Tuesday, April 23, 2024

EVERYDAY LAW: Of wills and marriage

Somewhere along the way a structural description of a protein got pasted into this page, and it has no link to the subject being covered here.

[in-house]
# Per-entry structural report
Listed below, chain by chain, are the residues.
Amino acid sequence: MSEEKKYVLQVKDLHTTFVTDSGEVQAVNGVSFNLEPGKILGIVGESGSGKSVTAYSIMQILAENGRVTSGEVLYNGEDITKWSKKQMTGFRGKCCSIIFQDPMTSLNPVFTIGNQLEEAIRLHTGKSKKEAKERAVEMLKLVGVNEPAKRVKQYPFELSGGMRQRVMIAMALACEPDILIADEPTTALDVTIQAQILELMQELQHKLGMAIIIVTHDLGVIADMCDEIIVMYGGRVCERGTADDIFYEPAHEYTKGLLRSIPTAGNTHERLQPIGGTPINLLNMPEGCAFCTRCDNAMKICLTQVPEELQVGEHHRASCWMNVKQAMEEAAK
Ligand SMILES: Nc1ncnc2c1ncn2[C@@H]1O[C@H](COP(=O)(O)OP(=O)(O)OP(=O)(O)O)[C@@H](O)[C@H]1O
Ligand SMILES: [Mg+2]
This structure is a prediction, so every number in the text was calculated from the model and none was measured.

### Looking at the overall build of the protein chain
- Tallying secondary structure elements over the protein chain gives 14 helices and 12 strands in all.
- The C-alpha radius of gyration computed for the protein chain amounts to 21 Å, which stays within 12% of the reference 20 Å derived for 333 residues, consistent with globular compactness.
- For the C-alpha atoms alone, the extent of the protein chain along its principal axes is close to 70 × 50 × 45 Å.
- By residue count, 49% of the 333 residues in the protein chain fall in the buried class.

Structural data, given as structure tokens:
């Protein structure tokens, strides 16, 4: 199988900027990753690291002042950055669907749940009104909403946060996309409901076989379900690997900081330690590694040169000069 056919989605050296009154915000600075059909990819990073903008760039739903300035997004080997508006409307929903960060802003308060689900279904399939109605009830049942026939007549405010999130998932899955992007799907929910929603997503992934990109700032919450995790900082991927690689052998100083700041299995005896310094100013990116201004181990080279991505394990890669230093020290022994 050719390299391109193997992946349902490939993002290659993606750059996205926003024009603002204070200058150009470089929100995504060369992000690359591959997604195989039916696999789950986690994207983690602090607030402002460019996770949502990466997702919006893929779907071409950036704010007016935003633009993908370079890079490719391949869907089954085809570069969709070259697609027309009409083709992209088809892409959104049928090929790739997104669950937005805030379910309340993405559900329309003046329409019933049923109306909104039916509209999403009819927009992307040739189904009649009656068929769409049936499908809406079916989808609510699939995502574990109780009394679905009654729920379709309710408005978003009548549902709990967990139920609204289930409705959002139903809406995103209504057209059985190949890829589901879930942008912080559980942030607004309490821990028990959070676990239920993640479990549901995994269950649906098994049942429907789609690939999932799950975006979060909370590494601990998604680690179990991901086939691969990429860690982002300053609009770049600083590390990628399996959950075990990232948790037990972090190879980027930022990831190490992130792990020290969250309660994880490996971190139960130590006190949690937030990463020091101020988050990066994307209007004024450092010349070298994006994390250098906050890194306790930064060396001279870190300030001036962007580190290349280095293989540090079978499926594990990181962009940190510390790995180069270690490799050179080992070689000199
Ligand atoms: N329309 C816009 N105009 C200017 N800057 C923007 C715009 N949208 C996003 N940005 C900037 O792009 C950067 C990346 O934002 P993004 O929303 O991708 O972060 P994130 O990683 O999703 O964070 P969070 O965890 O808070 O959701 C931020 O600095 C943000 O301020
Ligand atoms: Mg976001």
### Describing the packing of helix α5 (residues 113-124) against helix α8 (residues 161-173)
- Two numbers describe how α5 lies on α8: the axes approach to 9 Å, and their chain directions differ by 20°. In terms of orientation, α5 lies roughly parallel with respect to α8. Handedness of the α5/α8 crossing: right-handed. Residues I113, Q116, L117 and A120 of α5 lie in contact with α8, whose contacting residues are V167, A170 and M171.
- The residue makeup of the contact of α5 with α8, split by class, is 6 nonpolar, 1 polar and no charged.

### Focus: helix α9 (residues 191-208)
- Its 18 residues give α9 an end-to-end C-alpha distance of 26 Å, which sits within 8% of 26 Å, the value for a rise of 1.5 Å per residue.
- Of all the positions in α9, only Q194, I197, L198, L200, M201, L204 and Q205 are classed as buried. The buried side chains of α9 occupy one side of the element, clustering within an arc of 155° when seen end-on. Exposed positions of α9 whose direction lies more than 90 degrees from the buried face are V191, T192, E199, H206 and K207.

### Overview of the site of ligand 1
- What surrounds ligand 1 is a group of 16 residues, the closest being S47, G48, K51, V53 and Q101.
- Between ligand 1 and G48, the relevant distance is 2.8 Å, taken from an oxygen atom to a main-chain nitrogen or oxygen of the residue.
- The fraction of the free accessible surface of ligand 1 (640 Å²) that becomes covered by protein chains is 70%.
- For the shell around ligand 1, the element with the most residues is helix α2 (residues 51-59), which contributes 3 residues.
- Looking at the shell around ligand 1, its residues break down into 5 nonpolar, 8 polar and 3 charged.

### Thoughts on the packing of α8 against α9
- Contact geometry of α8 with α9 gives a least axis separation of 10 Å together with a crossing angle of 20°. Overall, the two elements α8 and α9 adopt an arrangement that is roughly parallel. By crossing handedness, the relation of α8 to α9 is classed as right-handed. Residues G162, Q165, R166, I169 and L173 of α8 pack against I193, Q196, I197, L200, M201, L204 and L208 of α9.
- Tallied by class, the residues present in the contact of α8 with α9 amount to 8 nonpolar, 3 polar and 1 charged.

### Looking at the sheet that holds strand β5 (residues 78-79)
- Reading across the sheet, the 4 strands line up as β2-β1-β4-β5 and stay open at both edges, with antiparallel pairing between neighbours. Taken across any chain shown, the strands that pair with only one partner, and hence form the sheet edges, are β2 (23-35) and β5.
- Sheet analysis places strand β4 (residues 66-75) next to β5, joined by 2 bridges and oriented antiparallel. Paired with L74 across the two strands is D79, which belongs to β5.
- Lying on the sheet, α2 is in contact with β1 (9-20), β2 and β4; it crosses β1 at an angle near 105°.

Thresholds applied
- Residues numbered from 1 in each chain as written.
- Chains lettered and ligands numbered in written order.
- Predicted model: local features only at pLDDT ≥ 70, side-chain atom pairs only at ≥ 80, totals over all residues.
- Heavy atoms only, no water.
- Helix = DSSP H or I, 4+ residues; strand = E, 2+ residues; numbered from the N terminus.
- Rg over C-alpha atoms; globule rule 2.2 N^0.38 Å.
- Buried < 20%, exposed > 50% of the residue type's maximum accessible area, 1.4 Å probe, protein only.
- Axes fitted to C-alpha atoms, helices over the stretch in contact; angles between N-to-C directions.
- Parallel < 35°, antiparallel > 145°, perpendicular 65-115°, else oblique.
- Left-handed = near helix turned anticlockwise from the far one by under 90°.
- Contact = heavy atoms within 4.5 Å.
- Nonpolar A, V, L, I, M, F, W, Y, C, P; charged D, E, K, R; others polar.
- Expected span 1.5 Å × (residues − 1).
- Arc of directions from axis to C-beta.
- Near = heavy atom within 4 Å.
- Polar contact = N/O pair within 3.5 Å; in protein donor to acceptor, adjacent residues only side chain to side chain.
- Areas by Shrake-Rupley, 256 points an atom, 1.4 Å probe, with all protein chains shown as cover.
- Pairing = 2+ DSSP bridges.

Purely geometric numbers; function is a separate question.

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I RECEIVED two further queries concerning wills over the past week. One writer wanted to know whether a spouse could be an attesting witness to a will; the other wanted to know whether marriage has any effect on a previous will.Both questions are important and emphasise why it is prudent to have your will drawn by a legal practitioner.The first query is dealt with in Section 66 of the Succession Act which provides as follows:(1) If a person attests the execution of a will, and any devise, bequest, estate, interest, gift or appointment, of or affecting any property (other than charges and directions for the payment of any debts) is given or made by will to that person or his spouse, that devise, bequest, estate, interest, gift or appointment shall, so far only as concerns the person attesting the execution of the will, or the spouse of that person, or any person claiming under that person or spouse, be utterly null and void.(2) The person so attesting shall be admitted as a witness to prove the execution of the will, or to prove the validity or invalidity thereof, notwithstanding such devise, bequest, estate, interest, gift or appointment.The above section essentially provides for two things. First, it invalidates a gift to an attesting witness or his spouse. Secondly, it provides that notwithstanding the invalidity of the gift the will is valid andsuch a witness can be admitted as a witness to prove the validity of the will.As far as the second query is concerned, in some jurisdictions marriage has the effect of revoking a will no matter what the circumstances, and a testator must make a will after marriage if he wants his property to devolve by will. In Barbados, Section 69 of the Succession Act preserves a will against revocation by a subsequent marriage if it is made in contemplation of that marriage and so expressed in the will.Put another way, the subsequent marriage of a testator will revoke a will unless the testator made express provision in the will to the effect that the will is being made in contemplation of or taking into account the marriage of the testator to a particular person. From time to time, beneficiaries have been disappointed by the fact that they were unaware that the marriage of the testator had revoked their will.Especially where prospective testators are young, it is very important that they be informed of the above provision so that they can either delay the making of the will until after marriage or they can make  a new will after marriage. •Cecil McCarthy is a Queen’s Counsel. Send your letters to: Everyday Law, The Nation, Fontabelle, St Michael. Send your email to cnmcc@caribsurf.com


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